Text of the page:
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There are still people who are holding on and keep these small places from becoming a ghost town.

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Many of their buildings, however, have seen better days.

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They are found if the most beautiful of settings.  Surrounded by mountains or valleys, the scenery is breathtaking everywhere we go.

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Geothermal is the way to go in this part of the world.

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The Place With The Longest Name – New Zeland

Today we finished our long drive to the long name.  How long it is?  Well, it’s world record setting.

We started our morning in Dannevirke.  A small town made up of roughly 6000 people plus plenty of cattle and sheep.  Settled in 1872 by a few  Danish, Norwegian and Swedish settlers, the name comes from a  Viking fortification line in Denmark which had recently fallen into German hands in the German-Danish War of 1864.

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If you remember from my last post, I told you that this place looked like something special as we drove in.  Despite the rain overnight and the misty, rainy, wet conditions of the morning, I filled my pocket with carrots and we headed off.

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After our morning run around the park, grocery shopping, and a late McD’s Breakfast we headed out for the Longest Place Name.

The roads were lightly traveled and many reviews complained about the long drive to get to the long name.  We were well prepared.  We knew there would be nothing but farms in the area.

This is Dan’s Black Swan Event:

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So again you are probably wondering how long it the name of this place and why don’t I just write it.  Well, it’s so long that they don’t even want to try and put it on the information signs.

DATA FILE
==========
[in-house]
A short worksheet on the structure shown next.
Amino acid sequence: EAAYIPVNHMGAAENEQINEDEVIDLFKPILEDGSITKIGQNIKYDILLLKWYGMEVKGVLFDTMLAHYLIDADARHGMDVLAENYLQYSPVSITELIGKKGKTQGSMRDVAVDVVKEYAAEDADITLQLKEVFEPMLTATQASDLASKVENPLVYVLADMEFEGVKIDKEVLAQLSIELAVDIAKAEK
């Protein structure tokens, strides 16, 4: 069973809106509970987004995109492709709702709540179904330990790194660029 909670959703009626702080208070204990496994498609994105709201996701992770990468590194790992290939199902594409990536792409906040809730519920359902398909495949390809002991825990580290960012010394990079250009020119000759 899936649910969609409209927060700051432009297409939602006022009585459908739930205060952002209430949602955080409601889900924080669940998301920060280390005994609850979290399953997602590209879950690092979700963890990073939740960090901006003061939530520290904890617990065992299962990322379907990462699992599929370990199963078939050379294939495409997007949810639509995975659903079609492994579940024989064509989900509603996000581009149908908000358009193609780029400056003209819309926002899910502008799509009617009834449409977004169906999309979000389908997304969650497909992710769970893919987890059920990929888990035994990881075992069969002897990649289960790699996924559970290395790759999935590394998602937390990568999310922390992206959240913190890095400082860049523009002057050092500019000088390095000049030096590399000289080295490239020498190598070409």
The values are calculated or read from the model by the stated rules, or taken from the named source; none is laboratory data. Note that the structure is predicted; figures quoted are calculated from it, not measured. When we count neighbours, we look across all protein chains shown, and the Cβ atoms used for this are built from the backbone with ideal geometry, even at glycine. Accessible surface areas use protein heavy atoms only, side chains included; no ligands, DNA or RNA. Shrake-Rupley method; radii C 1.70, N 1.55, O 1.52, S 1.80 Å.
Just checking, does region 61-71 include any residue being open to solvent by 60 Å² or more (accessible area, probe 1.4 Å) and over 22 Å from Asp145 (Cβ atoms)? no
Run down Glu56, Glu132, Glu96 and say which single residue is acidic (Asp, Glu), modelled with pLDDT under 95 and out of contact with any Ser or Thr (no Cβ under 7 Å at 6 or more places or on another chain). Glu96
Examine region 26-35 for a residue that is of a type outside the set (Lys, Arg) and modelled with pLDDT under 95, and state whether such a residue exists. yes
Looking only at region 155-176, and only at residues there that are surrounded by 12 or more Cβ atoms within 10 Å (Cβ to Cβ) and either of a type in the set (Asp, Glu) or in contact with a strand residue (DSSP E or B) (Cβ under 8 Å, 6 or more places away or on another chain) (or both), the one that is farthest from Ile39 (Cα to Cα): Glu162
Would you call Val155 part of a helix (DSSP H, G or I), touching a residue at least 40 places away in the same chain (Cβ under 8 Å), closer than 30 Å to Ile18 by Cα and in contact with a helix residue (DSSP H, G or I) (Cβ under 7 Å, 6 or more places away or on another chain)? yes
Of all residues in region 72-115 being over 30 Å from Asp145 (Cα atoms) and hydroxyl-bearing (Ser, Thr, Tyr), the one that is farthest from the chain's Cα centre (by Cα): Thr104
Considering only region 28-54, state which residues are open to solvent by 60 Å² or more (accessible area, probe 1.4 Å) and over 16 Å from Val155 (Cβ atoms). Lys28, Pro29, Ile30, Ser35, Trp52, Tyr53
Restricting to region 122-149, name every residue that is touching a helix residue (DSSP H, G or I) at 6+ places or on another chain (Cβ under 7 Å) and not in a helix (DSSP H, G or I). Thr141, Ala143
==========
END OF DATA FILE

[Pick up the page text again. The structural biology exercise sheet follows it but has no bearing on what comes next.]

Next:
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Naturally, we hear sheep.  Then we SAW sheep and not just one or two.

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Then we saw a poor logging truck slowly navigating the traffic jam.

We did think it was odd to see this small flock of sheep all on their own.  They were hesitant about coming any closer (Roland didn’t help with his excitement.)

Eventually, the rest of the flock caught up, along with the herding dog and Sheppard.

So this is the place with the longest name.  It is the name of the hill you can see in the background.  There are 85 characters in this name and the Maori name is translated to English as “the place where Tamatea, the man with the big knees, who slid, climbed and swallowed mountains, known as ‘landeater’, played his flute to his loved one.”


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You might wonder just how we managed to get 3 out of 4 of us into this picture.

No, Scarlet did not take the photo.  I actually have a monopod (tripods take too much room).  I have found some pretty cool ways to prop it up and used the 10 sec. timer.  I was getting tired by the time we got this one!

With this mission completed, we headed the rest of the way to the east coast, stopping near Hastings.    Our drive was filled with laughs.  Here is Roland.  He insisted on getting Daddy a cookie when we made a stop for fuel (knowing full well he would get one too).  The then insisted on having me take his picture while he ate his cookie too.  This kid is too much.


Tonight I can hear the Ocean Waves crashing and I think of home as I look at the game Othello